Is it possible that the world's most famous diarist wasn't keeping a diary at all? According to author and literary critic Francine Prose, Anne Frank's famous account of life in the annex was less a confessional and more of a heavily edited, conscious work of literature. We sat down with the author and critic to discuss her book, Anne Frank: The Book, The Life, The Afterlife, in which she explores the surprisingly complex back story of how the diary came to be the staple of high school classes and YA reading lists that it is today.
Our conversation about Anne Frank got us on the topic of the literary canon as a whole, and whether Great Books are still relevant today. Though Prose generated some heated controversy a few years back with her Harper's essay, "I Know Why the Caged Bird Can't Read," in which she criticized certain staples (guess which) of the canon, ultimately she's a devoted reader and lover of the classics. In fact, Prose argues that there's still a lot to be learned about the complexities of modern life—apparently Dickens' had the Bernie Madoff figure dissected before there was a Bernie Madoff.
And speaking of Dickens, the juiciest part of the conversation (at least for this Big Think editor), which sadly came off camera, was Prose's impassioned discussion of The Wire—a show that draws heavy influences from books like Bleak House. Good thing we still read the classics. How else would we understand TV?
We are constantly trying to force the world to look like us — we need to move on.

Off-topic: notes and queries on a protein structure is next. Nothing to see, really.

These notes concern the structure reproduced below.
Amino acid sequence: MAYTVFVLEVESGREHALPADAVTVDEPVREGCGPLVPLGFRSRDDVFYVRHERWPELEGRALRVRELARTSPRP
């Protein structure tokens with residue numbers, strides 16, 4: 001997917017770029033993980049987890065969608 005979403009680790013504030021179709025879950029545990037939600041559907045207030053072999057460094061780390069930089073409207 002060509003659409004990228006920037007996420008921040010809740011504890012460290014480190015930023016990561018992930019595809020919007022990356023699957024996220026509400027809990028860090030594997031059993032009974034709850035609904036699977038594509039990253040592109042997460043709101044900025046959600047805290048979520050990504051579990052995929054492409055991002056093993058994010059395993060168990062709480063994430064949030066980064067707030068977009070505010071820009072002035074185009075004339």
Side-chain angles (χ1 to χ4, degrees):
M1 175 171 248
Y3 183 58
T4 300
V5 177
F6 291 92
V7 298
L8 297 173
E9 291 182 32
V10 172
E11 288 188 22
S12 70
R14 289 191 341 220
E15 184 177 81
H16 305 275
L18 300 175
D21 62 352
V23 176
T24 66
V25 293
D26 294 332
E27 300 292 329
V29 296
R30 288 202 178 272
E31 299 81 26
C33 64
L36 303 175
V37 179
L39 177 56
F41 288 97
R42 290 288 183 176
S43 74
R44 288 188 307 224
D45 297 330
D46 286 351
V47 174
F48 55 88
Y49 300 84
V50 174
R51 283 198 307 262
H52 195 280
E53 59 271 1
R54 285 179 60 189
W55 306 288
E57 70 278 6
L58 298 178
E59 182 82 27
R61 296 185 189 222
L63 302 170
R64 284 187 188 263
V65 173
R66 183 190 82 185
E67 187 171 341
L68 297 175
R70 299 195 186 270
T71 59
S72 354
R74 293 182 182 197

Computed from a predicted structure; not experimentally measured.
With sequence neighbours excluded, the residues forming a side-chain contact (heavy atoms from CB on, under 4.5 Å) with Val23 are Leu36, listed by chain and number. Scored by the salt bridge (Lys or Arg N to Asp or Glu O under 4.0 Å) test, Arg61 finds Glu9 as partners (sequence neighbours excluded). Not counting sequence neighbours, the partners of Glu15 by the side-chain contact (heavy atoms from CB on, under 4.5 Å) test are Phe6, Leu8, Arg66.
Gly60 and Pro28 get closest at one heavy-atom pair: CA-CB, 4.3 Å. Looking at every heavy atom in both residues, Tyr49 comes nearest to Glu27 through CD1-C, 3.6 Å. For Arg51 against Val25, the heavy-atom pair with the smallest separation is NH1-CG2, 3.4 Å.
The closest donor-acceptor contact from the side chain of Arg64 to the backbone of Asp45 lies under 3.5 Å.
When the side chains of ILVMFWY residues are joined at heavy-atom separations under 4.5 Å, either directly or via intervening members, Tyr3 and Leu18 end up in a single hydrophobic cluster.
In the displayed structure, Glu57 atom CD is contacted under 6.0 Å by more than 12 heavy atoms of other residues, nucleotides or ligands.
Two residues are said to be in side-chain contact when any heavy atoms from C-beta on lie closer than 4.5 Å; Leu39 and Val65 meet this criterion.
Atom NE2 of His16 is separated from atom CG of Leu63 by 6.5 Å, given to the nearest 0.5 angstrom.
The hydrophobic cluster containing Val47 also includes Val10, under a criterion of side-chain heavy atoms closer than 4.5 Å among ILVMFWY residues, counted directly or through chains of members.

- When the Berlin Wall fell in 1989, many Americans jumped for joy. At the time, some believed there weren't going to be any more political disagreements anywhere in the world. They thought American democracy had won the "war of ideas."
- American exceptionalism has sought to create a world order that's really a mirror image of ourselves — a liberal world order founded on the DNA of American thinking. To many abroad this looks like ethnic chauvinism.
- We need to move on from this way of thinking, and consider that sometimes "problem-solving," in global affairs, means the world makes us look like how it wants to be.
Scientists make an important discovery for the future of computing.
- Researchers find a new state of matter called "topological superconductivity".
- The state can lead to important advancements in quantum computing.
- Utilizing special particles that emerge during this state can lead to error-free data storage and blazing calculation speed.
French newspapers report that the trial hasn't lived up to expectations.
- The French government initially invested in a rural solar roadway in 2016.
- French newspapers report that the trial hasn't lived up to expectations.
- Solar panel "paved" roadways are proving to be inefficient and too expensive.